Toxic substances surround us at home, at work, in our vehicles and, potentially, when we're just walking down a street. Modern life, with all its conveniences, isn't possible without toxic substances such as plastics, adhesives, fire resistant material and chemicals. Whether you are injured by a toxic substance depends on a number of issues. What may injure you may not injure others.
What is a toxic substance?
It's something that's poisonous or can cause negative health effects. When you think of a toxic substance, you may think of a chemical plant or what's used in a factory. They also include household cleaners, prescription and over-the-counter drugs, gasoline, alcohol, pesticides, fuel oil and cosmetics. Depending on the conditions, any chemical could be toxic or harmful.
Substances can be toxic because they can harm you when they enter or contact your body. Drinking something may cause you to be violently ill. Another substance may burn your skin. A substance may be toxic but not cause you to feel any immediate impact. Exposure over time may gradually result in physical effects and medical conditions. A toxic substance may also be hazardous because it is flammable or might explode.
Some substances are more toxic than others. The level of toxicity is described by the effects it causes and its potency.
- Effects: Chemical A may cause you to vomit, but won't cause a long-term problem like cancer. You may not notice ingesting Chemical B, but it could cause cancer years later.
- Potency: The strength of a substance is a measure of its toxicity. The more potent it is the more dangerous it is. You could be splashed with one chemical with no effect, while another could cause severe burns.
The potency and toxicity of a chemical are affected by how it breaks down in the human body. After entering the body, the chemical structure may change or be metabolized into a substance that's more or less toxic. Outside the body it may be relatively harmless, but after it's changed inside the body it may cause organ damage, or it may be easily eliminated by the body.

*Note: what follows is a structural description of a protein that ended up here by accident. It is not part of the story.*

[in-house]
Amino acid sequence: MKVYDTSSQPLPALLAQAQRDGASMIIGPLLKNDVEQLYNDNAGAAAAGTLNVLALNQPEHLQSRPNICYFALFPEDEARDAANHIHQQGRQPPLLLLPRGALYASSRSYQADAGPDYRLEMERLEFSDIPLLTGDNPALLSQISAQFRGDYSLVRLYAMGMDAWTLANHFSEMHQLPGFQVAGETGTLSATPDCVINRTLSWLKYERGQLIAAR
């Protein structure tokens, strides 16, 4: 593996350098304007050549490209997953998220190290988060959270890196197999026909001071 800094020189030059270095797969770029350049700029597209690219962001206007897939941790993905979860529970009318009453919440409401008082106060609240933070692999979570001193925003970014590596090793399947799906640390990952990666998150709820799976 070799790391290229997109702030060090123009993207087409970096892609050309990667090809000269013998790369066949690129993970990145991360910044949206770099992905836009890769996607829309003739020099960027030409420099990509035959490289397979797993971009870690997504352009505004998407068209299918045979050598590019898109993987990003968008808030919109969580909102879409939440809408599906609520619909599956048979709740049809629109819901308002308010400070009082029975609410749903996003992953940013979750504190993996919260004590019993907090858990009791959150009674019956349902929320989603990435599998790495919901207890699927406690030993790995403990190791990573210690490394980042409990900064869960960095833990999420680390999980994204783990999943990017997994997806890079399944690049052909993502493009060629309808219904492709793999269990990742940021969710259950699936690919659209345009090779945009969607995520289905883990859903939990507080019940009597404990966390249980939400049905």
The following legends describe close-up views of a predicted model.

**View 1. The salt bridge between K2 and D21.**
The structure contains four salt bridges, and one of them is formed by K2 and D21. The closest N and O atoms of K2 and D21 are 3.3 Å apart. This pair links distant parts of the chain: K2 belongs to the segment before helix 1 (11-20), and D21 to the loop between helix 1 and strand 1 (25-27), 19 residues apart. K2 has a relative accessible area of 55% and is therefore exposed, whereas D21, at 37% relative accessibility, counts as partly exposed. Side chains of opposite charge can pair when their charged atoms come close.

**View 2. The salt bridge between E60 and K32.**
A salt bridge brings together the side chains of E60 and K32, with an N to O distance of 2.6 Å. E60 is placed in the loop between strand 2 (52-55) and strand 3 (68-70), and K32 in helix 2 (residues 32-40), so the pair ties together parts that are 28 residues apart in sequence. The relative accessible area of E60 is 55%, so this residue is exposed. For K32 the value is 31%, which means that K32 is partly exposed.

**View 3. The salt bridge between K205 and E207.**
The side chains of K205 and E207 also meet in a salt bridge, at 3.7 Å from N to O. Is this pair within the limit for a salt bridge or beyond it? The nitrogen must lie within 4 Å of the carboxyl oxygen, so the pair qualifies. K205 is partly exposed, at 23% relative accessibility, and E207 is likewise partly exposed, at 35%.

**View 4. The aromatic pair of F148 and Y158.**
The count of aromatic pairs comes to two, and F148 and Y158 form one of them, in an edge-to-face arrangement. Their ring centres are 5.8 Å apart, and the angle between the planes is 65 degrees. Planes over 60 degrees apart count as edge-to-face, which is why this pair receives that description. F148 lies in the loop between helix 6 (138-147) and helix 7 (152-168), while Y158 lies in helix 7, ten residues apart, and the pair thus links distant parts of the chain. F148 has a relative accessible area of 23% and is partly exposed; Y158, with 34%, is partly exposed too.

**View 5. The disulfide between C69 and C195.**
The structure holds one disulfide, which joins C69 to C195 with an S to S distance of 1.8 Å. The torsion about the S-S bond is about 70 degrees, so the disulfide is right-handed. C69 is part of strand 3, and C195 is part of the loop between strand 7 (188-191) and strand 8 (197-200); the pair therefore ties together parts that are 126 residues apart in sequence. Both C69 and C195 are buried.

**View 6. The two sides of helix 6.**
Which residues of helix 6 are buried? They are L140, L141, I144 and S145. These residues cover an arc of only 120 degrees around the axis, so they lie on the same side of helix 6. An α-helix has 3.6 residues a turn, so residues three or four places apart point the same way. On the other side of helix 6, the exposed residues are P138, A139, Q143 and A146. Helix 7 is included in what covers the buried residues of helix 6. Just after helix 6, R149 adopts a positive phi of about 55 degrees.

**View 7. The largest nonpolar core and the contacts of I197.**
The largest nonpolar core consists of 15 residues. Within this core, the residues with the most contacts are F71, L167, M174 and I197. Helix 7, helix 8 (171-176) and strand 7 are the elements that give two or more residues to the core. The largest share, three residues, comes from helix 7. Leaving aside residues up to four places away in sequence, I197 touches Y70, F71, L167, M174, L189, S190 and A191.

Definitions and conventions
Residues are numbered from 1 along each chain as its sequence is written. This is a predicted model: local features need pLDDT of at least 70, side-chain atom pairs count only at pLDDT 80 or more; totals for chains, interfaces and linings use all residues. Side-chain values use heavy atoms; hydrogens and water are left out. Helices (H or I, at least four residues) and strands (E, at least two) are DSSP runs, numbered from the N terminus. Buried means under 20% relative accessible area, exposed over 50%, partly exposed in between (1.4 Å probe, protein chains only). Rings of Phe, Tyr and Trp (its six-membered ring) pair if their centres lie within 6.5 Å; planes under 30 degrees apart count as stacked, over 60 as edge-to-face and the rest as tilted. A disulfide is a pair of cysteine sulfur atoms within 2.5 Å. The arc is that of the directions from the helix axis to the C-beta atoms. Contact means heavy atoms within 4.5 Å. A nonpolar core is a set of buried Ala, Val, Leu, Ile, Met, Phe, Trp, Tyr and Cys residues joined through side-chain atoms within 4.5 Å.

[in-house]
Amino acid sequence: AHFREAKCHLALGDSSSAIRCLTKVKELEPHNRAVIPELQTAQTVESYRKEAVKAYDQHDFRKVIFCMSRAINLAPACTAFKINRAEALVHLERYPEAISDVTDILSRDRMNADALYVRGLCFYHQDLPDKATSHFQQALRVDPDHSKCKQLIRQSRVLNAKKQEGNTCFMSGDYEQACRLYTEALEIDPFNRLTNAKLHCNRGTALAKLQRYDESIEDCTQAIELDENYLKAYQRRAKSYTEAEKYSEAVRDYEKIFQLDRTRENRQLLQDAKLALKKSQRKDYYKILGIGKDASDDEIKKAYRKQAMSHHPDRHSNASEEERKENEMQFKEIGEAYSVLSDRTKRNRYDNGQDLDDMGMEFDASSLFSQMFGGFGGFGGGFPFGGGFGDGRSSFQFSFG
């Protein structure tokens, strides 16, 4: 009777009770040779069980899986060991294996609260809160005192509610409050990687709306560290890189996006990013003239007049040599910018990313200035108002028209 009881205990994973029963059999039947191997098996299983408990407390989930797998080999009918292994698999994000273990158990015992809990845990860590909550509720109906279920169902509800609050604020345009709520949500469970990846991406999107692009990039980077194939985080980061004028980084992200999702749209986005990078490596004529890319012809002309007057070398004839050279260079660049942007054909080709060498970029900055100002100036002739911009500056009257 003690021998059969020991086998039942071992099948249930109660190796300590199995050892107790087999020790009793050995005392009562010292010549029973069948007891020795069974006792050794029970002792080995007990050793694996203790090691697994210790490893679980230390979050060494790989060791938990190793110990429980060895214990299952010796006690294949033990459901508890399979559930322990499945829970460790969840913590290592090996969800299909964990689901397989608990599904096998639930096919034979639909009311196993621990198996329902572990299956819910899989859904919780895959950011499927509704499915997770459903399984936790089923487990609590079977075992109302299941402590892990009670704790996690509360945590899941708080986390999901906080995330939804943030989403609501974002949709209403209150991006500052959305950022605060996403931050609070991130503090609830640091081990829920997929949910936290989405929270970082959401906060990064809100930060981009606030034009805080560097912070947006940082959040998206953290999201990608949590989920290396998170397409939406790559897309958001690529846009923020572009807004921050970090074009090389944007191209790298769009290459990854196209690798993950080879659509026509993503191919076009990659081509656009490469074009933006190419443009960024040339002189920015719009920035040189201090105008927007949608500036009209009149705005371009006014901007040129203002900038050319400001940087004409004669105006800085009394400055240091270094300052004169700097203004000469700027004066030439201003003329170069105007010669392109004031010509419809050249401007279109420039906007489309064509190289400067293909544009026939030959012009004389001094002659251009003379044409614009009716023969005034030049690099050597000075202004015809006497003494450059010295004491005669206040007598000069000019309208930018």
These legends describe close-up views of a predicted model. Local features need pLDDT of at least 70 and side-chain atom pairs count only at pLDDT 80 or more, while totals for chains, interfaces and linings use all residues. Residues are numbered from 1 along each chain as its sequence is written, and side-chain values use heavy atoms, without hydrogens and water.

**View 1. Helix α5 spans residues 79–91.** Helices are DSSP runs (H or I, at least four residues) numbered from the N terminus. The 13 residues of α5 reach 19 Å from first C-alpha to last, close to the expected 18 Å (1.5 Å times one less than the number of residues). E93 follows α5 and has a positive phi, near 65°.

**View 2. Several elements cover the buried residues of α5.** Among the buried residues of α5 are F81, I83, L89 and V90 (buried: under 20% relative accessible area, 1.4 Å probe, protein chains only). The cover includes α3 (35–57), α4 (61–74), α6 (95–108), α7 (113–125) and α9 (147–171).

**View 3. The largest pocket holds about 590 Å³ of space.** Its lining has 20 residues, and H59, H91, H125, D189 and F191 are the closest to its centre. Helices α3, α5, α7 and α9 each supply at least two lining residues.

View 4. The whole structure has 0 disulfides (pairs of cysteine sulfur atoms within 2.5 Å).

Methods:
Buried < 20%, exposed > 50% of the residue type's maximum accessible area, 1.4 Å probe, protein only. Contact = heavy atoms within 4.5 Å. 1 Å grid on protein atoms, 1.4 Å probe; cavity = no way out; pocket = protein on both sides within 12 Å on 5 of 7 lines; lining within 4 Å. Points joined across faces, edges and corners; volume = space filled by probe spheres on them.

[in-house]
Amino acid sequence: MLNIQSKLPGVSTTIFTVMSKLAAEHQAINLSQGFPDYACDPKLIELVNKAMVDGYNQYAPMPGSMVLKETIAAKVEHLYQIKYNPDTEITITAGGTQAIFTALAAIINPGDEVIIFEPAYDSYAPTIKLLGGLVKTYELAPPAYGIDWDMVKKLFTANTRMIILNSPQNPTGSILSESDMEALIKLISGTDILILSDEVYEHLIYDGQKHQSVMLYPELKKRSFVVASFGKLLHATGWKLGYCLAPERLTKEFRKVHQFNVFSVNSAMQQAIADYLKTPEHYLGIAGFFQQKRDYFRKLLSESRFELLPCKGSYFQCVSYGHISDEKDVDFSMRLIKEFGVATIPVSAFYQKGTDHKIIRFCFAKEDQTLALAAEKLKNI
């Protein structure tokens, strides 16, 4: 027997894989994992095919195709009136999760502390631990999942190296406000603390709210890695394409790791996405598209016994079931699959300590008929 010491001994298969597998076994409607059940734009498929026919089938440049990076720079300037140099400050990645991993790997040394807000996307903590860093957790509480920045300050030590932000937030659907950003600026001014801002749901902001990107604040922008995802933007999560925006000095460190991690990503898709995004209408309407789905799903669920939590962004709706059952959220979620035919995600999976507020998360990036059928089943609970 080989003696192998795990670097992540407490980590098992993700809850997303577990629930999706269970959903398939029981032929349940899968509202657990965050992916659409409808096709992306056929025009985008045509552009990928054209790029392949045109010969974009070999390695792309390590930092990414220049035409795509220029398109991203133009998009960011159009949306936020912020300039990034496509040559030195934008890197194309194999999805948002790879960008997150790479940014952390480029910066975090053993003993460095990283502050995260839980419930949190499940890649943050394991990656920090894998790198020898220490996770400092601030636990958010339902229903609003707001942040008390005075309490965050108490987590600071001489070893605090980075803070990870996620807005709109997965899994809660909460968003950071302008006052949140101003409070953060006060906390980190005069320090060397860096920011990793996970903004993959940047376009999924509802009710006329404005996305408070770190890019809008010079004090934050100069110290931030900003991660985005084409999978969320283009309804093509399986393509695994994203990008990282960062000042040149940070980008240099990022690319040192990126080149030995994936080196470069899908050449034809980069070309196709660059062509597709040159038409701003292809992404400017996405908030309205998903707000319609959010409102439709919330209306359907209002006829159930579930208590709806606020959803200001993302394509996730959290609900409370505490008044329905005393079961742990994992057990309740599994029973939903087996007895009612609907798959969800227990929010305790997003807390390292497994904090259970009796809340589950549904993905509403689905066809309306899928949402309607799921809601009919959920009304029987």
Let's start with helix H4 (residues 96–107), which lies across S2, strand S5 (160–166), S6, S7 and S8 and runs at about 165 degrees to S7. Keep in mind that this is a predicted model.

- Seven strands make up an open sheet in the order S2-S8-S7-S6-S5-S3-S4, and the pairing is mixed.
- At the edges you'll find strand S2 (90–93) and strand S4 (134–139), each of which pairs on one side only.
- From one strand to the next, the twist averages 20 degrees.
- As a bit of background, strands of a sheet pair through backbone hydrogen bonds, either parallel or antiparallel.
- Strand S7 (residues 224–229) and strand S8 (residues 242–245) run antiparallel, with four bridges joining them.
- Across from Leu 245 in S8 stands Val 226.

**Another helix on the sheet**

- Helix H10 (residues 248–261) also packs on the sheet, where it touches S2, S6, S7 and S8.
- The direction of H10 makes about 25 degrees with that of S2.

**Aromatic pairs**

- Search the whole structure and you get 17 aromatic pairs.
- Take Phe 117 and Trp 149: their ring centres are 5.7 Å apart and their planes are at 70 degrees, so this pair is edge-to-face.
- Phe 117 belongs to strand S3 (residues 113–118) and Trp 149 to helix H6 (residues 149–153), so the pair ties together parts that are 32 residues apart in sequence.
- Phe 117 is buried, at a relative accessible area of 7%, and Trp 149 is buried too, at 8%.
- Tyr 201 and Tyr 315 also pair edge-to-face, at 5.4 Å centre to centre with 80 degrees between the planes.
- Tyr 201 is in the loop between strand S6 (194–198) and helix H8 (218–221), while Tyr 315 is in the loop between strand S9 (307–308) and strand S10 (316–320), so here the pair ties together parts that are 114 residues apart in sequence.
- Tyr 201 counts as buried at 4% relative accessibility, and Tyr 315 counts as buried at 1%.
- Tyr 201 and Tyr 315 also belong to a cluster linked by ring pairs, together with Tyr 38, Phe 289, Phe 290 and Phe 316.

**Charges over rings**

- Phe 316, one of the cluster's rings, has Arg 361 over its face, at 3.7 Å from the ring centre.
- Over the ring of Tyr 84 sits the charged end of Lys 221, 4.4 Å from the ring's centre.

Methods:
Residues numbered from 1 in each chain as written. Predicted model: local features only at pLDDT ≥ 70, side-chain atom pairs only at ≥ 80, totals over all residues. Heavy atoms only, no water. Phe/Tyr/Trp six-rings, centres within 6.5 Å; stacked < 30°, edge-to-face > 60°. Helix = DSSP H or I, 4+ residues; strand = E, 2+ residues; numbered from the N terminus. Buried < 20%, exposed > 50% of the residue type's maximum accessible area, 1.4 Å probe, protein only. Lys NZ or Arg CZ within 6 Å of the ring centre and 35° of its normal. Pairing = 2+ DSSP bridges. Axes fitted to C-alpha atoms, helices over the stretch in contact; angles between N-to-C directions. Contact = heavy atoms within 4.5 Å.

How can I be exposed to a toxic substance?
There are normally three ways you can be harmed by a toxic substance.
- Inhalation or breathing in toxic gases, vapors, dusts or mists. It enters into your body, irritating your nose, air passages and lungs. The particles can lodge in the airways of your body or be absorbed by your lungs into the bloodstream. Your blood would then carry these substances to the rest of the body.
- Ingestion or swallowing of substances puts them into your digestive system. Chemicals may be in or on your food, utensils or hands and can be swallowed. Children are at greater risk of ingesting toxic substances in dust or the soil because they often put their fingers or other objects in their mouths. Substances may be absorbed into the blood and transported to the rest of the body.
- Direct, physical contact with the skin or eyes is a route of exposure. Some substances may get on your skin, either as a fluid or a mist, and enter the bloodstream. Broken, cut or cracked skin can allow substances to enter your body more easily.
A substance may not cause a problem if you're exposed one way (you touch it) but be very harmful if you're exposed another way (you breathe it in).
How much of a toxic substance is dangerous?